Current crude oil production totals 210,000 barrels per day (bbl/d) and has been rising steadily since the completion of a vital pipeline in July 1999; production in the last quarter of 1999 stood at 138,300 bbl/d, increasing respectively to 165,000 bbl/d and 200,000 bbl/d in the first and second quarters of 2000. 


Petroleum exploration in Sudan began in the early 1960's. The activity was originally concentrated offshore in the Red Sea. The only significant offshore discovery was Chevron's Suakin gas discovery in 1976.  


Chevron's exploration in the 1960's and 1970's led to several oil finds in southern Sudan near the towns of Bentiu, Malakal and Muglad.  


Chevron abandoned its concessions in Sudan in 1985, due to their location in an area where fighting was taking place between government and rebel forces. 


The French firm, Total, also suspended its onshore exploration activities, but retained the rights to its concessions.  


The Sudanese government sub-divided Chevron's concessions into smaller exploration blocks, and Canadian independent Arakis Energy (Arakis) acquired the portion of Chevron's concession north of the town of Bentiu in 1993.  


Greater Nile Oil Project: 

Arakis began development of the Heglig and Unity fields within its concessions, and started production on a small scale (around 2,000 bbl/d) in 1996; this oil was processed and consumed within Sudan.  


The remote location of the field, aproximately 930 miles from the Red Sea coast, meant that it would require a very substantial capital investment to transport the oil to a seaport.  


To attract the necessary capital and spread the risks, Arakis entered into a consortium in December 1996 with GNPOC, consisting of the China National Petroleum Corporation (CNPC)(40 percent), Petronas of Malaysia (30 percent), Sudanese national firm Sudapet (5 percent), and Arakis (25 percent, and the field operator).  


Construction on the pipeline from the fields to an export terminal near Port Sudan began in May 1998 on an accelerated schedule. Originally built to move 150,000 bbl/d, the pipeline has a current capacity of 250,000 bbl/d and can be expanded to 450,000 bbl/d.  


Arakis' involvement in Sudan, even after the formation of the GNPOC consortium raised $700 million, remained hindered by a lack of capital. U.S. sanctions against Sudan prevented investment in the project by U.S. corporations and persons, and the high-risk nature of investment in Sudan also had an effect.  


In the end, Arakis agreed to be purchased by another Canadian independent, Talisman Energy, for $277 million in Talisman stock, in October 1998. The Talisman acquisition provided an infusion of capital which allowed the project to be completed on schedule in 1999.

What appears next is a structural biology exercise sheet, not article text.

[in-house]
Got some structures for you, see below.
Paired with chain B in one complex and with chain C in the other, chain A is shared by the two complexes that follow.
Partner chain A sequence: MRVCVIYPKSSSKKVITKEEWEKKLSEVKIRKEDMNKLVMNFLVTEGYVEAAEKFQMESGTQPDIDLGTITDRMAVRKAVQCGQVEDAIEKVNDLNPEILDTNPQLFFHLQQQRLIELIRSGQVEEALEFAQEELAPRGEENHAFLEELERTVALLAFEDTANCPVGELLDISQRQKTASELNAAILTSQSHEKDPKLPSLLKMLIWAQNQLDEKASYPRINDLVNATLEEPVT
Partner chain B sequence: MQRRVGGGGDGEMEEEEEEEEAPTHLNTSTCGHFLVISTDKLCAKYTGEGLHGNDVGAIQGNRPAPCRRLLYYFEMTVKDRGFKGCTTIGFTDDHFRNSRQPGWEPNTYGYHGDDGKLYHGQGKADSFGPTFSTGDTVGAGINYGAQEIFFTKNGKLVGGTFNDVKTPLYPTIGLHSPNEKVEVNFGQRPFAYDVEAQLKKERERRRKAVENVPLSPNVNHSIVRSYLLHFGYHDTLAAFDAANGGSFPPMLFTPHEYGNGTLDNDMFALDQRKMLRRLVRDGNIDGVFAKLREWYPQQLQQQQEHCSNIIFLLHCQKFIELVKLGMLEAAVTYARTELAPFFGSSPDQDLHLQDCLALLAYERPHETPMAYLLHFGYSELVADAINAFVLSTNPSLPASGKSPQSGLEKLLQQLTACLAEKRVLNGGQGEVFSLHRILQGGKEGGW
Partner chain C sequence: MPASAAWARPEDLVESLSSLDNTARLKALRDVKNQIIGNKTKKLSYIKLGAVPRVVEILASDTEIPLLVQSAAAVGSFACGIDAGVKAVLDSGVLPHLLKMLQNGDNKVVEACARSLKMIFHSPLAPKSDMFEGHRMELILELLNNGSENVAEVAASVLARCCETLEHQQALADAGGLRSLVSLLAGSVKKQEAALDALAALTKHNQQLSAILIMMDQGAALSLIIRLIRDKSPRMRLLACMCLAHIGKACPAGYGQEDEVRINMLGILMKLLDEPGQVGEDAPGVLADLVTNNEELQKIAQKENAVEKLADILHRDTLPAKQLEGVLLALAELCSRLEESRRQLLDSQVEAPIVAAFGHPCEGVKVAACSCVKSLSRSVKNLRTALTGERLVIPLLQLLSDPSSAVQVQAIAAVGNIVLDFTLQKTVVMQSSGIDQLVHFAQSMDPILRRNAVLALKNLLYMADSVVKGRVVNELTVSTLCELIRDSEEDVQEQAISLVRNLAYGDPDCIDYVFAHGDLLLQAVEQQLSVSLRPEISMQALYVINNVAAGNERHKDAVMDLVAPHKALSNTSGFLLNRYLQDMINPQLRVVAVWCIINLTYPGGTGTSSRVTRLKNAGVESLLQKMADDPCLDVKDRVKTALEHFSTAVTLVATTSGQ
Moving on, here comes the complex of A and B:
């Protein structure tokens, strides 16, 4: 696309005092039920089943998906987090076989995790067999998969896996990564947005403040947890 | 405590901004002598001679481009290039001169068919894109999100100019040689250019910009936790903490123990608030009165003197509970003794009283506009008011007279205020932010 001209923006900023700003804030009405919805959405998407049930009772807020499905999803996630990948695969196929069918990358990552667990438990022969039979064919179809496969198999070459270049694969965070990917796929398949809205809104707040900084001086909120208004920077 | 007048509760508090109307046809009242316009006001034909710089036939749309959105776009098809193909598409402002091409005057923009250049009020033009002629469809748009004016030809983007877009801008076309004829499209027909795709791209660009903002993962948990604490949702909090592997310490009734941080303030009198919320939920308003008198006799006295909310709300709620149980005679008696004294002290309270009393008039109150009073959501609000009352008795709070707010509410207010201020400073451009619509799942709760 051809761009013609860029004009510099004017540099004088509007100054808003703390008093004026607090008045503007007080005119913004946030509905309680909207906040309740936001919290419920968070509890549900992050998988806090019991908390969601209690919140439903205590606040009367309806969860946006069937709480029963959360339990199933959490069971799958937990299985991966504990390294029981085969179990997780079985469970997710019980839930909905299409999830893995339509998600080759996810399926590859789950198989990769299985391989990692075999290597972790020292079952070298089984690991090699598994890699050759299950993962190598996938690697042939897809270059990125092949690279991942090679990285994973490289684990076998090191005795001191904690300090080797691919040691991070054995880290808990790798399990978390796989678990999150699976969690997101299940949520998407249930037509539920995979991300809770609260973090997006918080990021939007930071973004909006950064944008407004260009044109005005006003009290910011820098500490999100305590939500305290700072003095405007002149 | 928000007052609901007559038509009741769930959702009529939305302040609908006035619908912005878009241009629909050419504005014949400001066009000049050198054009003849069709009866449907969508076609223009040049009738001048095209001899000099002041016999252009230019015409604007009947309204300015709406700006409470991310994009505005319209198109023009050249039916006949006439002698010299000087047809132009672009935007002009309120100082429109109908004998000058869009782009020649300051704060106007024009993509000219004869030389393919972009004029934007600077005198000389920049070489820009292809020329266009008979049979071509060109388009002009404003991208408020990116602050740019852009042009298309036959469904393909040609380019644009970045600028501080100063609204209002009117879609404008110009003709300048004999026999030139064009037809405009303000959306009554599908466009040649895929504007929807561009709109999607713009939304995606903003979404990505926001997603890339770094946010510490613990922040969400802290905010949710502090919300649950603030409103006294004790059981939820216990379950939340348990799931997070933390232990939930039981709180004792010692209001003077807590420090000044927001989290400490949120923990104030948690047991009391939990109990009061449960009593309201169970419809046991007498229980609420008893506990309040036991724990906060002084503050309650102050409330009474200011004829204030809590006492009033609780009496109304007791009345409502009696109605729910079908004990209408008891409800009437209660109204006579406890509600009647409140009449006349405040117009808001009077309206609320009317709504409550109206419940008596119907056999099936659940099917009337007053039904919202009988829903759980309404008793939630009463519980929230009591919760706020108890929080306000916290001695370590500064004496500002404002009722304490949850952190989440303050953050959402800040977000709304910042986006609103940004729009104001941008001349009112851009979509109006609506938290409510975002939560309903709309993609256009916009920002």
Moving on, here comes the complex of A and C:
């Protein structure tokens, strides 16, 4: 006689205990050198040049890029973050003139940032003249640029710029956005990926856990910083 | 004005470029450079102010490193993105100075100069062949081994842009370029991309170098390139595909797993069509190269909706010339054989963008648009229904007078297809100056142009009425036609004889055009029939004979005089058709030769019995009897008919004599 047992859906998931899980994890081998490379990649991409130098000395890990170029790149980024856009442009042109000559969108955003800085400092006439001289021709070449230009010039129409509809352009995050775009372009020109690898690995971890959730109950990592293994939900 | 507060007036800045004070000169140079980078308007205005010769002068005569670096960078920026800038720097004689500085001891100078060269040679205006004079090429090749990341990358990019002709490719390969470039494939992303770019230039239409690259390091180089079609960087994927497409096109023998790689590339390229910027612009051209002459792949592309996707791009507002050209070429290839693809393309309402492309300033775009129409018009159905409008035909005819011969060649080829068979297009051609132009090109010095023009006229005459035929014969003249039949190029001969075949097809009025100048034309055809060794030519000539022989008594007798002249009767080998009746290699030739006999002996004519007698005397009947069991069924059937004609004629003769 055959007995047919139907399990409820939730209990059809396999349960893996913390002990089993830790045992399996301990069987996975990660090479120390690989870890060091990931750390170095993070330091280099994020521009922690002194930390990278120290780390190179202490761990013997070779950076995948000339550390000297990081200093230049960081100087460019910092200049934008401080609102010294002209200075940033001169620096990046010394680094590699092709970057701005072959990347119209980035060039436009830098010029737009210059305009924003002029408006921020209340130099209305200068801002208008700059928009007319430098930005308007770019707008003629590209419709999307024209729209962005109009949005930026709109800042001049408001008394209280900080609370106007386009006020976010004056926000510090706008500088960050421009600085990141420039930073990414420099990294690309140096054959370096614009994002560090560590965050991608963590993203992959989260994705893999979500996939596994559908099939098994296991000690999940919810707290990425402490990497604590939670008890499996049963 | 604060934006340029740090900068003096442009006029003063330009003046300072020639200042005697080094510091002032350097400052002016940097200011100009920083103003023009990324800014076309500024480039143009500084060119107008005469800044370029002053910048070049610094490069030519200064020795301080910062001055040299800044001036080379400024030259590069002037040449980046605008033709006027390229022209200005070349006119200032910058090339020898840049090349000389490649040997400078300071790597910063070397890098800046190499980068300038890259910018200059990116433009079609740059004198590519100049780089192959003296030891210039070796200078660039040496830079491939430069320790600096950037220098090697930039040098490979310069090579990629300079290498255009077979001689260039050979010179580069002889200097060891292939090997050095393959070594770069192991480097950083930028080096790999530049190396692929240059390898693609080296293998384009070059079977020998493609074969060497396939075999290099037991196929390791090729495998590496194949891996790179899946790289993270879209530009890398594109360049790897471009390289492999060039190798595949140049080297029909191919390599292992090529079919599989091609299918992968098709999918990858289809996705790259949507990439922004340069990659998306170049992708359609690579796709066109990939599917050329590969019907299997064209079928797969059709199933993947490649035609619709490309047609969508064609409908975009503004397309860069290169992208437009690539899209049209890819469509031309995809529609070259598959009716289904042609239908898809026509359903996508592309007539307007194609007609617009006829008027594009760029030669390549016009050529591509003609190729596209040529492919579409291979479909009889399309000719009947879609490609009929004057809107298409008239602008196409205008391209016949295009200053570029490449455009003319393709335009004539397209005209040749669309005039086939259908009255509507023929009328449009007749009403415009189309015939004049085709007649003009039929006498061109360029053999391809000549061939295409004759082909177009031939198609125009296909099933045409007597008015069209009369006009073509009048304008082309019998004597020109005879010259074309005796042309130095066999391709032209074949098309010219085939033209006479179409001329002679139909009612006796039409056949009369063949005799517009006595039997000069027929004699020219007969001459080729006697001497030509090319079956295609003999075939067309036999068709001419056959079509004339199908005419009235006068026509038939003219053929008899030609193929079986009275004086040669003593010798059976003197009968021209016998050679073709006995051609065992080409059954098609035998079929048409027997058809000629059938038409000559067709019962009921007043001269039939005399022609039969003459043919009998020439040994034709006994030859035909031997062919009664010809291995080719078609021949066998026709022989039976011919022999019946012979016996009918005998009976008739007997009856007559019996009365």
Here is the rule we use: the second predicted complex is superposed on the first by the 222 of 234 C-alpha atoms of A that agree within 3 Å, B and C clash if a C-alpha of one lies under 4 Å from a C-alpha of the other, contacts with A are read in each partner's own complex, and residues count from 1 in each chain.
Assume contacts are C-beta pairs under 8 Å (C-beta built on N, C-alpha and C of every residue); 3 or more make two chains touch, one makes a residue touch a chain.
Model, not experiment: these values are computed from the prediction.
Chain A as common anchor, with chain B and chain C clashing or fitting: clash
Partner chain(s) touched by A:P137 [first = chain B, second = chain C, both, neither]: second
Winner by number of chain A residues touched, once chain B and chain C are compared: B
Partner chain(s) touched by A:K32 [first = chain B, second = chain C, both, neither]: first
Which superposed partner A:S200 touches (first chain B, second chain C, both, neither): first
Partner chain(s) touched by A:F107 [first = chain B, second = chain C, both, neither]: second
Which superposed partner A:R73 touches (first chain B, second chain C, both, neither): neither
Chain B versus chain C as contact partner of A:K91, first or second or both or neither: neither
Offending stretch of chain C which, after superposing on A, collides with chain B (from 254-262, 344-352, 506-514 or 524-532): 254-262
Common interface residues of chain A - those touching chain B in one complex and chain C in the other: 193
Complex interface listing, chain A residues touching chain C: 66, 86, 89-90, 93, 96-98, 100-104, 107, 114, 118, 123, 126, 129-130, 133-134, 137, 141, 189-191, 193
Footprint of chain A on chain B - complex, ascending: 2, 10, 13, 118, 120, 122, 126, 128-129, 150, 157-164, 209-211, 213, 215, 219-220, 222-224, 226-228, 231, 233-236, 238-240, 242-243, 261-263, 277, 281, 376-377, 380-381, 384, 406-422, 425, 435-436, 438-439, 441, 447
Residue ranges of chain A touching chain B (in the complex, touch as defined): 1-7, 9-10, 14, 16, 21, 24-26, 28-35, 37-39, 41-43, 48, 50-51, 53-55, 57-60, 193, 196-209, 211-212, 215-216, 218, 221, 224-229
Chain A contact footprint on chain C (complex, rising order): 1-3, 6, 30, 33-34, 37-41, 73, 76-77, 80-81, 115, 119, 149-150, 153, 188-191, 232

In July 1999, the pipeline began filling with crude, and the first cargo of "Nile Blend" departed the export terminal in early September 1999.  



The fields in the Muglad area produce crude oil with a 33o to 42o API range, with only 0.5 percent sulfur content. The crude is highly parafinnic, which requires heating to maintain flow in the pipeline.  


Recoverable reserves from the Heglig and Unity fields have been estimated at 660 million to 1.2 billion barrels.  


The area around these two fields also is suspected to contain oil, but estimates of reserves vary. The Swedish firm, Lundin Oil, reported a discovery in the adjacent Block 5A in May 1999.  


Petronas, the Austrian firm OMV, and Sudapet have minority stakes in the block. 

Lundin was forced to suspend operations in Block 5A in March 2000, however, due to safety concerns and logistical problems associated with the construction of an access road to the site.  


In July 2000, Petronas was awarded a 40 percent share in Block 5B, where exploration is set to begin in the end of 2000 with Petronas as the operator. 


In October 2000, Petronas agreed to raise Sudan's oil output by 50,000 bbl/d by mid-2002. The increased production will result from Petronas' development of two untapped oil fields in Monga and Bambo in the Mujlad Basin of western Sudan, plus the construction of three additional oil pumps along the pipeline. 


Sudanese officials announced in June 2000, plans to begin oil exploration in northwest Sudan, the Blue Nile Basin in southeastern Sudan, and the Red Sea area in eastern Sudan.